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Persoonia myrtilloides facts for kids

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Myrtle geebung
Persoonia myrtilloides.jpg
In Maranoa Gardens
Scientific classification
Genus:
Persoonia
Species:
myrtilloides
Synonyms
  • Linkia myrtilloides (Sieber ex Schultes & Schultes f.) Kuntze
  • Persoonia oleifolia Endl. nom. inval., pro syn.

Persoonia myrtilloides, commonly known as myrtle geebung, is a plant in the family Proteaceae and is endemic to New South Wales. It is an erect to spreading shrub with elliptic to egg-shaped leaves and yellow flowers in groups of up to forty on a rachis up to 170 mm (6.7 in) long.

Description

Persoonia myrtillides is an erect to spreading shrub that typically grows to a height of 0.5–2.5 m (1 ft 8 in–8 ft 2 in) and has hairy young branchlets. The leaves are elliptic to egg-shaped, 12–50 mm (0.47–1.97 in) long, 4–30 mm (0.16–1.18 in) wide and hairy when young. The flowers are arranged in groups of up to forty along a rachis up to 170 mm (6.7 in) long that grows into a leafy shoot after flowering. Each flower is on a pedicel 2–10 mm (0.079–0.394 in) long, usually with a leaf at the base. The tepals are yellow, 9–12 mm (0.35–0.47 in) long and hairy on the outside. Flowering occurs from December to April and the fruit is a green drupe tinged with purple.

Taxonomy

Persoonia myrtilloides was first formally described in 1827 by Josef August Schultes and his son Julius Hermann Schultes from an unpublished description by Franz Sieber, and the description was published in Mantissa in volumen tertium.

Two subspecies of P. myrtilloides, subsp. myrtilloides and subsp. cunninghamii are accepted by the Australian Plant Census. In 1972, Noel Beadle, Obed Evans and Roger Carolin described subspecies myrtilloides in the book Flora of the Sydney Region, but at that stage no other subspecies had been described.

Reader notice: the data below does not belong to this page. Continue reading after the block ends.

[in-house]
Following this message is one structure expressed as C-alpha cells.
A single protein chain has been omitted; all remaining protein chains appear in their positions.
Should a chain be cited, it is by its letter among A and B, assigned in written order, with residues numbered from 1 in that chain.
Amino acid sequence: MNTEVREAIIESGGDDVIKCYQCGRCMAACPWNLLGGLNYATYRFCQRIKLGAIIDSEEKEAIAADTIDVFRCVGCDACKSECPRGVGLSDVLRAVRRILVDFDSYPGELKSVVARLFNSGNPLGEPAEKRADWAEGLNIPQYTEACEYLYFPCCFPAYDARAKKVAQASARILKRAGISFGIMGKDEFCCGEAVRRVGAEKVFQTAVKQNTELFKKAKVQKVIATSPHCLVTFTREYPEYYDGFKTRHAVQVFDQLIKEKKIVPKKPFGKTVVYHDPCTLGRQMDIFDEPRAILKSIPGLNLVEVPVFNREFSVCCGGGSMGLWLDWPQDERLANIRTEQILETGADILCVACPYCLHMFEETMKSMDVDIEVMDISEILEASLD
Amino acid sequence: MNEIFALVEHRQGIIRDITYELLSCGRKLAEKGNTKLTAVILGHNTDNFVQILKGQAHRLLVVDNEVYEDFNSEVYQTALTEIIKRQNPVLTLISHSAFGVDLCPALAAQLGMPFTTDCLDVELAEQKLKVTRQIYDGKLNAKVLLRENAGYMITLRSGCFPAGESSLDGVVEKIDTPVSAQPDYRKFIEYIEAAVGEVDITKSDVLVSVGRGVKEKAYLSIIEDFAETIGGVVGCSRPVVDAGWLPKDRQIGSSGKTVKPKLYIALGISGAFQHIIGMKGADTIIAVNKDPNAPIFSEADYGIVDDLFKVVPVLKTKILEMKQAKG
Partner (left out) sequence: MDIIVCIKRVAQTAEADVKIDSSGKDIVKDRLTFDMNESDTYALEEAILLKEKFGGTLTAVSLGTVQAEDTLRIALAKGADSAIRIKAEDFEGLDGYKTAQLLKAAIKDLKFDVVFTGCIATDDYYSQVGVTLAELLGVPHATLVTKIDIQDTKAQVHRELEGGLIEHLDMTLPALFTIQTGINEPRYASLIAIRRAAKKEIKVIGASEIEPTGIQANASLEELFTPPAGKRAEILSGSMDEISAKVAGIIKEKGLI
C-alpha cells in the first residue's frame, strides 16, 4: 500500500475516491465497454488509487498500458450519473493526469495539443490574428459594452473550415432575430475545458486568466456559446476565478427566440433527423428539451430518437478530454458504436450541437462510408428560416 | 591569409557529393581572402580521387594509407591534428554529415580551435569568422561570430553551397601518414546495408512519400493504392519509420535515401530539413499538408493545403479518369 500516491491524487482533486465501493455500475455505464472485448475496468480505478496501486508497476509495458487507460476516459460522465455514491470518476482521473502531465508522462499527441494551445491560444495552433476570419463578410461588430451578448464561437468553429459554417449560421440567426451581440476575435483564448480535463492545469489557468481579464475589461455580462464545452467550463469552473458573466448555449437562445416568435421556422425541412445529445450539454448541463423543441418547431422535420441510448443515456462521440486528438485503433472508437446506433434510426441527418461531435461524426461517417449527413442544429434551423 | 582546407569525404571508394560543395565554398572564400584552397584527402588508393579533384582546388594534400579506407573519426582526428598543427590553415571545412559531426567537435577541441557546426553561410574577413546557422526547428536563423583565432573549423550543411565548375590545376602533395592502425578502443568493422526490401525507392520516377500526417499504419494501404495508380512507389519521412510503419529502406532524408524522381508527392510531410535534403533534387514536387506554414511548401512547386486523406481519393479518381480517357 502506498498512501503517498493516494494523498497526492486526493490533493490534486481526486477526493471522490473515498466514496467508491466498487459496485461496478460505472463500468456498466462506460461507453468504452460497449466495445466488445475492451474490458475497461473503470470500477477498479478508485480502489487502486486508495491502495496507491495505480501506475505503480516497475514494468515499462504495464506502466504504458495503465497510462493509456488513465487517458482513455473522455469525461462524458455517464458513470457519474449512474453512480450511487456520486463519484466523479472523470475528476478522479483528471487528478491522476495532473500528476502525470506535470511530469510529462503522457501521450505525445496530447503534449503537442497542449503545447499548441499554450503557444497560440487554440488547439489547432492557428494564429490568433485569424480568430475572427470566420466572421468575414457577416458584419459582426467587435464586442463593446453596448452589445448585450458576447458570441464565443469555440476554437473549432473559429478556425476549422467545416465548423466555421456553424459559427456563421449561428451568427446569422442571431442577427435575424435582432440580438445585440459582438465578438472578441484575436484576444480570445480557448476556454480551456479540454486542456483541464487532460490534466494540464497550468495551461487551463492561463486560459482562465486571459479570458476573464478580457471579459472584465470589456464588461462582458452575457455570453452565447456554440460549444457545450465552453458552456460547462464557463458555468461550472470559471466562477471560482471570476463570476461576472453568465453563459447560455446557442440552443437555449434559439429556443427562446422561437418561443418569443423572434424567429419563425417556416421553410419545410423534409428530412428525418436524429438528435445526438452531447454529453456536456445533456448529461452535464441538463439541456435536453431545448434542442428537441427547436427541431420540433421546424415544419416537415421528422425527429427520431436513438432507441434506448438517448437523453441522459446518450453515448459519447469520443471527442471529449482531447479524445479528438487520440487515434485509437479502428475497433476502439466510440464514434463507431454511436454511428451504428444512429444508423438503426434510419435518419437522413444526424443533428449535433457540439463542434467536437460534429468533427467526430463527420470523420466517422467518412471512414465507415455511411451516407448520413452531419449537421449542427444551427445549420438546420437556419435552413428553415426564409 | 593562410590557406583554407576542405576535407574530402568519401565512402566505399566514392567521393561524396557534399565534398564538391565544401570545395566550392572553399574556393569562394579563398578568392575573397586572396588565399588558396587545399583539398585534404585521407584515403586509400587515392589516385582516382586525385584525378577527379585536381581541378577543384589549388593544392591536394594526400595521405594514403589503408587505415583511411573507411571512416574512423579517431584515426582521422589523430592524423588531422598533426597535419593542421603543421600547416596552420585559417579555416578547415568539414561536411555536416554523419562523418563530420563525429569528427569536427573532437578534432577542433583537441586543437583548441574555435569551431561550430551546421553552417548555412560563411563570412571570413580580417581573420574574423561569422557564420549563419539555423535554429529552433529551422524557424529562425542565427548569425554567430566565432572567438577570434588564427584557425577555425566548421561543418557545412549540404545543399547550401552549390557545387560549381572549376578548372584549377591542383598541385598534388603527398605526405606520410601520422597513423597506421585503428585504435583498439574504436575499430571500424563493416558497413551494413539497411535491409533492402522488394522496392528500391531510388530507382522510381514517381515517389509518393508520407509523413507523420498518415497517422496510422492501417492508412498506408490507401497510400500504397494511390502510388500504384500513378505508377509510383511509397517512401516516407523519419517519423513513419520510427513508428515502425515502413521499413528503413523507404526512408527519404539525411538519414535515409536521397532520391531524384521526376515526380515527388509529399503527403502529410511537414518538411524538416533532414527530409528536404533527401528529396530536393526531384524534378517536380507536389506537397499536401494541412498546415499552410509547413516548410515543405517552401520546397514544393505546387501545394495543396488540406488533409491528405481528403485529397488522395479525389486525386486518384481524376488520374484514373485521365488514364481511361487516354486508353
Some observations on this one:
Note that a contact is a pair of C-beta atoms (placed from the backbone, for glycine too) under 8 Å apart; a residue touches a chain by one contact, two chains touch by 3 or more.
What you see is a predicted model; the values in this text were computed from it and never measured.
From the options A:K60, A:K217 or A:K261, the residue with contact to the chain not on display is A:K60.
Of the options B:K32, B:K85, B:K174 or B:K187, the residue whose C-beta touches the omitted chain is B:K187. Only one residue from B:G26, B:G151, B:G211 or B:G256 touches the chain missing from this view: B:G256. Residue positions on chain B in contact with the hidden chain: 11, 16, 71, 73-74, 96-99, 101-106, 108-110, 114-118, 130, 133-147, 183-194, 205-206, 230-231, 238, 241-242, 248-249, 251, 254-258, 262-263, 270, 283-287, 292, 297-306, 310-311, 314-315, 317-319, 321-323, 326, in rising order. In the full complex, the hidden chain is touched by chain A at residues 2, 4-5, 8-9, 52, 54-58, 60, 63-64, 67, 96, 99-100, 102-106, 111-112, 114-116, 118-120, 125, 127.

In 1830, Robert Brown described Persoonia cunninghamii in the supplement to his Prodromus from specimens collected in 1823 near Port Jackson by "D. Cunningham", then in 1991, Lawrie Johnson and Peter Weston reduced the species to Persoonia myrtilloides subspecies cunninghamii in the journal Telopea.

Persoonia myrtilloides subsp. cunninghamii (R.Br.) L.A.S.Johnson & P.H.Weston has narrow elliptic to lance-shaped leaves that are 20–50 mm (0.79–1.97 in) long and 4–12 mm (0.16–0.47 in) wide but P. myrtilloides Sieber ex Schult. & Schult.f. subsp. myrtilloides has leaves that are broadly elliptic to egg-shaped or lance-shaped 12–38 mm (0.47–1.50 in) long and 6–30 mm (0.24–1.18 in) wide.

Hybrids with P. acerosa, P. levis and P. recedens have been reported where the parent species occur together.

Distribution and habitat

Myrtle geebung occurs in the Blue Mountains from Wentworth Falls northwards to Capertee. Subspecies cunninghamii is found in the Wollemi National Park and the catchment of the Cudgegong River.

Both subspecies are understory plants in open forests on sandstone-based soils. Subspecies myrtilloides is associated with trees such as Sydney peppermint (Eucalyptus piperita), narrow-leaved peppermint (E. radiata) and silvertop ash (E. sieberi), and in a shrubby understory of old man banksia (Banksia serrata), Phyllota squarrosa, paperbark teatree (Leptospermum trinervium) and mountain devil (Lambertia formosa). It is also found in heath. Subspecies cunninghamii is associated with the trees scribbly gum species Eucalyptus rossii and E. sclerophylla, rough-barked apple (Angophora floribunda), Callitris species, and mallees such as Eucalyptus multicaulis and narrow-leaved mountain mallee (E. apiculata).

Currawongs and possibly kangaroos and possums are thought to eat the fruit, the seeds of which are then scattered in droppings. Insects recorded foraging at flowers of subspecies myrtilloides include members of the genera Exoneura, Hylaeus and Odyneurus, Homalictus holochorus, colletid bees of the genus Leioproctus subgenus Cladocerapis, including Leioproctus carinatifrons, L. raymenti, L. speculiferus and Trigona carbonaria.

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